Jane Collins’s research – treatment of osteoarthritis of the knee

Abstract from Jane Collins’s research study to compare the effects of hydrotherapy and land based exercise on the symptoms of pain and function in the treatment of osteoarthritis of the knee (2006).

It is well established that exercise has a therapeutic effect on osteoarthritis of the knee. Hydrotherapy has been frequently used in the management of disabilities in a wide variety of patient populations. However controlled studies of hydrotherapy interventions have been inconclusive or have shown little benefits compared to land-based exercise.

The purpose of this study was to investigate whether participants made greater gains in the immediate post-treatment outcomes from hydrotherapy or from land-based group treatment.

Institutional ethics approved thirty participants with mean age 63.4 years and mean weight of 70 kg, both male and female who provided written informed consent and performed their exercise therapy as required.

Participants underwent an exercise treatment of between 40 and 60 minutes twice a week over three weeks. Baseline tests were carried out prior to commencing the exercise programme and measures taken again after completion. Each participant was measured on four scored subscales as specified for the Knee Injury and Osteoarthritis Outcome Scale (KOOS)1: Pain, Symptoms, Activities of Daily Living and Quality of Life; and on three physical measures: a six-minute walk test, transferring from sitting to standing time and quadricep strength.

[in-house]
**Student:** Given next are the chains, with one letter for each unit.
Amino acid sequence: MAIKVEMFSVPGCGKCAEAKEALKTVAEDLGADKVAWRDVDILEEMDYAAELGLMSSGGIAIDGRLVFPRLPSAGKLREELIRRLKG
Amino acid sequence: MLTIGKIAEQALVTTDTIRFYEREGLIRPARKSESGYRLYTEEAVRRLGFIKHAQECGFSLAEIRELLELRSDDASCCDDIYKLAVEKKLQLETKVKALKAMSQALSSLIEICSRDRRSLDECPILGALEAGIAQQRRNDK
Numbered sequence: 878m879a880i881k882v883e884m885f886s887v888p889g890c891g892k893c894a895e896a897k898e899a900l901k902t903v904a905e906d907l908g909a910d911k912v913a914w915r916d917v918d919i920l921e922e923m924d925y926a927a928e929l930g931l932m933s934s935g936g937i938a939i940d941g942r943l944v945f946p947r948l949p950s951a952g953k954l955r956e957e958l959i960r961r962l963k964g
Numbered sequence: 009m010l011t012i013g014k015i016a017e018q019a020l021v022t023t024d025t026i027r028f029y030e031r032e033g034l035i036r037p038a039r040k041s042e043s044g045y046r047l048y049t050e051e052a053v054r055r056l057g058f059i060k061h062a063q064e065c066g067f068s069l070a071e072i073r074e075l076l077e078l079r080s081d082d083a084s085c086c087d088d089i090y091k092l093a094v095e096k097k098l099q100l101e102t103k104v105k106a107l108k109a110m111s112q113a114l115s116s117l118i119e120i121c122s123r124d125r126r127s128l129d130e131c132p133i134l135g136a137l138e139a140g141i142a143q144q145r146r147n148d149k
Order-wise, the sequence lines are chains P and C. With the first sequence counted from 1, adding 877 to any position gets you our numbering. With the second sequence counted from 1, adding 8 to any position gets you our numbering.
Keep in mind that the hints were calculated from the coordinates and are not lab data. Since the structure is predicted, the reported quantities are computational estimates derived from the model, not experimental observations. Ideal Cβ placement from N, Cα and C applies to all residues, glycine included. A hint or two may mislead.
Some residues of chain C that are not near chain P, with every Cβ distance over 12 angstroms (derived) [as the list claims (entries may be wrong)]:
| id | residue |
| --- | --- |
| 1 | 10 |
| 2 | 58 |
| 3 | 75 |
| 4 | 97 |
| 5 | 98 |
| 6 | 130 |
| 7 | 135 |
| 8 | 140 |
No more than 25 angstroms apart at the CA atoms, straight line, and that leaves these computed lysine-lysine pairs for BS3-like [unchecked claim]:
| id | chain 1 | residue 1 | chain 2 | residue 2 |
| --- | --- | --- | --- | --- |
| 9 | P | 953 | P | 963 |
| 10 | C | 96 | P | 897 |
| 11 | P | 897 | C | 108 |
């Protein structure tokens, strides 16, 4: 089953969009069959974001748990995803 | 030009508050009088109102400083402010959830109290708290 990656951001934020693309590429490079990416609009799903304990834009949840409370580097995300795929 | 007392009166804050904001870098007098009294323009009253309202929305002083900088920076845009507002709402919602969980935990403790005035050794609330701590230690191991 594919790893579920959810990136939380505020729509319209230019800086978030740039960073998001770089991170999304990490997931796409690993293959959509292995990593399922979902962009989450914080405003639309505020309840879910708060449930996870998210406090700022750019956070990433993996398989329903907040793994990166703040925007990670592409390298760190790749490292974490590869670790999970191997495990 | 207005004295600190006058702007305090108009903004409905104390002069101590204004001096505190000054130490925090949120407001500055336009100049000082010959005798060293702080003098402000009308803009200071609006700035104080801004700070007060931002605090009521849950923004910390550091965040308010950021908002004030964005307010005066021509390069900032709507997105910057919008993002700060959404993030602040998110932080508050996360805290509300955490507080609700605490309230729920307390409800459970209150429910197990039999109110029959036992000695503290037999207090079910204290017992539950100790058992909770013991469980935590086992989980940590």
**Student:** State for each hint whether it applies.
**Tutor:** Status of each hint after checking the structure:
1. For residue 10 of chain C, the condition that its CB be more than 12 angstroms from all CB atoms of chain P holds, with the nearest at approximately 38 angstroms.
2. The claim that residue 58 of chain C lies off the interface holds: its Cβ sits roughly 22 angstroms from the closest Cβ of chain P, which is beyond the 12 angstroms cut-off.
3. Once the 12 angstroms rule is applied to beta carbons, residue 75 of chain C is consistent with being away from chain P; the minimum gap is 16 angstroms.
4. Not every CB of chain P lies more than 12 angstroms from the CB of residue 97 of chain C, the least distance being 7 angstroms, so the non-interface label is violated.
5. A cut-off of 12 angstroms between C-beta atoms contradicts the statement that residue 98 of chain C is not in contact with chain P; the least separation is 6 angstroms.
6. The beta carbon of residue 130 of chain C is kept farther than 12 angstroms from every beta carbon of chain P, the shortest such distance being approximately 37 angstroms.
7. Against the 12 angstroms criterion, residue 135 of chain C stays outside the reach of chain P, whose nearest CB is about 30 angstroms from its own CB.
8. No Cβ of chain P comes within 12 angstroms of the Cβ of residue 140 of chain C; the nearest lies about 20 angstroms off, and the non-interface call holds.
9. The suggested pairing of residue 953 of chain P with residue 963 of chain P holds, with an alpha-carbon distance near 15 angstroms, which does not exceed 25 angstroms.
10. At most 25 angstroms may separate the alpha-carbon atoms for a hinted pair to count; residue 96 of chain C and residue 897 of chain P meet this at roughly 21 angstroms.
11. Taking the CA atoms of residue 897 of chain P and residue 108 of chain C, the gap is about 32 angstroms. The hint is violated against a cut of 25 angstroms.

Linear model repeated measures statistics were produced using SPSS v14 to compare the dependent variables and ANOVA with Post-hoc Tukey statistics were produced to compare the groups (P=<0.05).

The outcome presented no variance in the effect of hydrotherapy as against land-based exercise in the pain variable pre- and post-treatment (P=0.01 in both cases) but an improvement when exercise was compared with the control. With regard to Activities of Daily Living again there was a significant improvement from the exercise groups against the control (Land: P=0.026 and Hydrotherapy: P=0.013). Quality of Life showed an improvement in Land participants when compared to Hydrotherapy and Control (P=0.013). Quadricep strength demonstrated amelioration from hydrotherapy participants compared to Land and Control (P=0.05).

Hydrotherapy proved to be significant in the improvement in the physical tests, with Land-based treatment showing greater improvement in the KOOS outcomes.

1 Reference: Roos, E. and Lomander, S. (2003). The knee and osteoarthritis outcome score (KOOS): from joint injury to osteoarthritis. Health and Quality of Life Outcomes, 1:64 http//www.hqlo.com/content/1/1/64.